Red Bull team boss Christian Horner has questioned Toto Wolff on the legality of Mercedes’ car, and threatened to launch a protest.
As we approach the final three races of the season, tensions between Red Bull and Mercedes are running high.
After Mercedes’ dominant performance at the Brazilian Grand Prix, Red Bull has raised concerns over the legality of Mercedes’ car, especially their rear wing.
At the Qatar Grand Prix Friday Press Conference, Christian Horner was asked if his team would consider launching an official protest.
“Would I protest? Yeah, absolutely,” the Briton said.
“If we believe the car is not in compliance, we will protest. The straight-line speeds that we’ve seen in Mexico and in Brazil, I mean, I think everybody could see Brazil was not a normal situation.
“And yes, a new engine we know with Mercedes comes with increased performance. But when you have a 27 kilometre [per hour] difference, and you see marks on rear end plates that have been marking up from wings that have been flexing…
“It’s very clear to us what has been going on. So, of course, that’s why I refer it’s down to the FIA to make sure that the cars are in compliance.
“If they’re not, you protest if you believe that a competitor isn’t complying with the rules.”
Horner then clarified that a protest would be launched depending on what happens in Qatar.
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“We’ll follow the situation. It will depend on really what happens this weekend.
“It’s not just applied to here, because I think in many respects it’s even more pertinent to the two circuits that are coming up.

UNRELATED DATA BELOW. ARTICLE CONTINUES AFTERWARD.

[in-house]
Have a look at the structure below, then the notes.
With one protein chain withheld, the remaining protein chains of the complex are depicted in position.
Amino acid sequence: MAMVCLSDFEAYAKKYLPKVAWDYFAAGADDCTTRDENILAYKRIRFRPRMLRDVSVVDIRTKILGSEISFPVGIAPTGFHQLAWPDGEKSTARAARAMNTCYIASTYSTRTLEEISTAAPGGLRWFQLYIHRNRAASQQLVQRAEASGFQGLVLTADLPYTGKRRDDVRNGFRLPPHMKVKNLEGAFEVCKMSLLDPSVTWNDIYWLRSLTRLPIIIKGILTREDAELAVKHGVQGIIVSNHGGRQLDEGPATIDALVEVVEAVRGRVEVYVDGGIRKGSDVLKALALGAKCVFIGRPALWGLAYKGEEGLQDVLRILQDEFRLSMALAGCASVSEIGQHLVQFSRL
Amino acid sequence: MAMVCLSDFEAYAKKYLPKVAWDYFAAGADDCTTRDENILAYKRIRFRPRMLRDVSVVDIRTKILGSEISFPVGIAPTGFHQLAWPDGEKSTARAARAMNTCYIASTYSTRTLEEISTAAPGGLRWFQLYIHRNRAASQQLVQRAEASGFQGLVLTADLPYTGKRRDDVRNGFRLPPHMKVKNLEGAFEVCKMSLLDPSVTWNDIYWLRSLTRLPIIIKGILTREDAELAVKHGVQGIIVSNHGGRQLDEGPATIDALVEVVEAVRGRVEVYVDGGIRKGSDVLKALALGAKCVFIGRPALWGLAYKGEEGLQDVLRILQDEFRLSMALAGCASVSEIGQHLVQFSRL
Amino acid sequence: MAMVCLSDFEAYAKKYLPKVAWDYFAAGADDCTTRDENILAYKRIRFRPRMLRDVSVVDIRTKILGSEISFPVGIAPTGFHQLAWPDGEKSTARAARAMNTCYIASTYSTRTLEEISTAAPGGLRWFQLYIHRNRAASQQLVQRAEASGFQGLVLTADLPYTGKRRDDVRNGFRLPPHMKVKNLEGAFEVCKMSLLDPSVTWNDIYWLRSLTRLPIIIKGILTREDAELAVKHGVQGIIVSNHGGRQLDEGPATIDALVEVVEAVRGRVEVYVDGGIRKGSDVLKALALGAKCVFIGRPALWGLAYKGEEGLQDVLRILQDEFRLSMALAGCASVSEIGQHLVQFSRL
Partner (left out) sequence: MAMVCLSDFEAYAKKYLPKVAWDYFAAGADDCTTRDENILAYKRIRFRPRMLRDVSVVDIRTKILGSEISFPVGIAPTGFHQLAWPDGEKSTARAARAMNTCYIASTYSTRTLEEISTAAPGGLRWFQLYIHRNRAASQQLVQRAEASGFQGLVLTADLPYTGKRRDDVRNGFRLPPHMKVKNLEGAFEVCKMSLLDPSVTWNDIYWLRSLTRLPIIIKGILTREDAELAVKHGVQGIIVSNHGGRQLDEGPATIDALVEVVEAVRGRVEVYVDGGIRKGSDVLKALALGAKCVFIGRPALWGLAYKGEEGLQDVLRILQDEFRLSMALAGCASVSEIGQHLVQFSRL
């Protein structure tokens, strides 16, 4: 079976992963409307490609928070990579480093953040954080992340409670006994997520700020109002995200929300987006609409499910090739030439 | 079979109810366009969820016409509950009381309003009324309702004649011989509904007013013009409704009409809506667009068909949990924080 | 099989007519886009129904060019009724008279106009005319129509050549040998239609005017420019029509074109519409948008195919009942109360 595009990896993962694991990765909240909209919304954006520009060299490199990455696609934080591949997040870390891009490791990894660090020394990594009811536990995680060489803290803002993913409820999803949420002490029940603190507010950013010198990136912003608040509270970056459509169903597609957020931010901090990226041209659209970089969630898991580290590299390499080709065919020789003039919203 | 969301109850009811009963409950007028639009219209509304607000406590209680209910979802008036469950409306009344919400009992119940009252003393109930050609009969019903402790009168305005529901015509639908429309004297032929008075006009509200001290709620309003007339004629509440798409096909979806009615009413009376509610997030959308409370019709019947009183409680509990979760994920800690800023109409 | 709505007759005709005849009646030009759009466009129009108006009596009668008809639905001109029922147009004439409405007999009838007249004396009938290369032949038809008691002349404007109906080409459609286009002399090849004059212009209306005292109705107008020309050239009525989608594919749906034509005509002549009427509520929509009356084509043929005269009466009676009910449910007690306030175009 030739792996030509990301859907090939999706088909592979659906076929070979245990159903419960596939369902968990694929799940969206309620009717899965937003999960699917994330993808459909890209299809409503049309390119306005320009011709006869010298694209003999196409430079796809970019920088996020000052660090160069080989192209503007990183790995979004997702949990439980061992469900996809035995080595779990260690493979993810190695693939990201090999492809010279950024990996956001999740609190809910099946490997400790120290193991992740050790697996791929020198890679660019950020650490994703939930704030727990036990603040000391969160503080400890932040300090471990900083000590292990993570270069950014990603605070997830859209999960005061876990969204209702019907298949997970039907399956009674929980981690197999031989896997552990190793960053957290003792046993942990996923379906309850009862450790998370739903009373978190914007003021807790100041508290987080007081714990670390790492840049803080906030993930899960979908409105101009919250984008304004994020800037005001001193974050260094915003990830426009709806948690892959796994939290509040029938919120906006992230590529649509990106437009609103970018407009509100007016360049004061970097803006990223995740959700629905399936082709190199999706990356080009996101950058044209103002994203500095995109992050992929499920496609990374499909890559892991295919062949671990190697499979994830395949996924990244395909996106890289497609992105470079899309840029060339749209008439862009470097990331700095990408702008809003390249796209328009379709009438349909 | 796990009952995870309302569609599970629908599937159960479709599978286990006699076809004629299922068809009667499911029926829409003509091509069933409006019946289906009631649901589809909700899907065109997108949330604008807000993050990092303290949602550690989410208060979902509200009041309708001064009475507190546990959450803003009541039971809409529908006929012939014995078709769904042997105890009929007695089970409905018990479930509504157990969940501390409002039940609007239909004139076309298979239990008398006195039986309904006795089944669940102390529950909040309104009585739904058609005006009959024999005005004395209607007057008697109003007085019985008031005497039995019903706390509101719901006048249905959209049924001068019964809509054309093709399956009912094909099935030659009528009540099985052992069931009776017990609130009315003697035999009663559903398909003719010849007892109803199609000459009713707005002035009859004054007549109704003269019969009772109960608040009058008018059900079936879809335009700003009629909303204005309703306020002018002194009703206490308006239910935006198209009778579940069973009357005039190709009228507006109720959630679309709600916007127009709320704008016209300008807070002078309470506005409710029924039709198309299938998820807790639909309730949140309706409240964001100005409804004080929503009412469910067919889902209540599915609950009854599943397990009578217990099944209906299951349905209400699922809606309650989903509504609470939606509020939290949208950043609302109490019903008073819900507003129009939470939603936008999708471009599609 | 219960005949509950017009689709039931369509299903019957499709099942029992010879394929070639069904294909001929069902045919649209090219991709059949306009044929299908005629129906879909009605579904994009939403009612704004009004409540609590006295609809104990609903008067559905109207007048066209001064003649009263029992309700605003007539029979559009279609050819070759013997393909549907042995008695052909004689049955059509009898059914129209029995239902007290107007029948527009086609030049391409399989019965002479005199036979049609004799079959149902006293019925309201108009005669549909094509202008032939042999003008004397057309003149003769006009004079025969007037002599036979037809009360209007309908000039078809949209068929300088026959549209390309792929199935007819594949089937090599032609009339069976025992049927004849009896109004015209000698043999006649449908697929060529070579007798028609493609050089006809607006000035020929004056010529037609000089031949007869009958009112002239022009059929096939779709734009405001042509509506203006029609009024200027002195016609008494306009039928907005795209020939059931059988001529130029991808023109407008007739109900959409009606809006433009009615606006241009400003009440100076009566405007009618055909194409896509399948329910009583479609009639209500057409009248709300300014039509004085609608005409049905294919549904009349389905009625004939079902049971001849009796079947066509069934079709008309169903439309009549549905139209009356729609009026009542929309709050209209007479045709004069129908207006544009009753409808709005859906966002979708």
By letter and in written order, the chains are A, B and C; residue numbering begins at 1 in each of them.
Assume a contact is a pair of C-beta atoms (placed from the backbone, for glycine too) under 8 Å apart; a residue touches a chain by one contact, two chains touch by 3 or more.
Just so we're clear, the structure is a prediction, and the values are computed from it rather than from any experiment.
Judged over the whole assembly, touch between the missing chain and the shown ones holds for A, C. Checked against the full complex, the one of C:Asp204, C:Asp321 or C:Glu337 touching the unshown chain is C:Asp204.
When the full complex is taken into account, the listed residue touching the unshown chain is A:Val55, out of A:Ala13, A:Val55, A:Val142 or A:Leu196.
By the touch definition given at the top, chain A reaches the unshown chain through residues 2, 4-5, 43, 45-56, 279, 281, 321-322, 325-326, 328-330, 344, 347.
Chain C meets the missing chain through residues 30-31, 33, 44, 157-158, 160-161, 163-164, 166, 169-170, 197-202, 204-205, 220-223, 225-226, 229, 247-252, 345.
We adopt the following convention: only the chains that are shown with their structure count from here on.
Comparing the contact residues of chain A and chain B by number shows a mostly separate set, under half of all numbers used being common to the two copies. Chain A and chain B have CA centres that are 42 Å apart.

“I’m sure Mercedes paid a huge amount of attention to our car through the season, and we are obviously doing the same.
“And obviously, it’s high stakes, there’s an awful lot to play for. And as I said, we just want to make sure it’s an equal playing field.”
Wolff, who joined Horner at the press conference, then gave his comments on the W12’s legality.
“I think I’ve always said that,” said the Austrian.
“That is how you fight, you’re trying to avoid that a competitor has an advantage. If you’re led by scepticism, because someone told you something, and you expect that to be the root cause, you should go for it.
“I think we’ve been controlled 14 times on this very particular wing, the FIA has all drawings about it. There is no such thing as Red Bull expects there to be.
“So we are happy to send it, cut it, we can send you one to Milton Keynes.”
Horner then asked Wolff: “So how do you explain the score marks on the rear wing endplate?”
“I think it’s within what is allowed, and therefore that’s okay,” Wolff replied.
The Austrian then said it would be mad to arrive for a race with an illegal car.
“I think that nobody would show up at the track with an illegal engine or an illegal rear wing. The world is too transparent for that.
“And you would be mad if you take decisions in a team with such a high visibility that are illegal, 100%.”
Horner then said Red Bull’s car is completely legal.
“Does our car comply with the rules? Absolutely,” Horner said.
“Do we have concerns over the gains in straight-line speed [at Mercedes] that we’ve seen since Budapest? But really, they’ve been exponential in the last couple of races, absolutely.
“Do we expect the FIA as the scrutineer and the policeman of the sport to ensure that all the cars are compliant?
“The rules are a complex set of regulations. So we rely very, very heavily on the FIA to ensure that it’s absolutely scrupulously fair.
“Because what we absolutely want going into these last few races is a fair fight, whoever comes out at the end of this on top, it shouldn’t be in a stewards room, it shouldn’t be in a court of appeal, it needs to be done on track.
“And we just want to ensure that going into these last few races, that these cars are being scrupulously policed and are in full compliance, because there’s too much at stake,” concluded the Briton.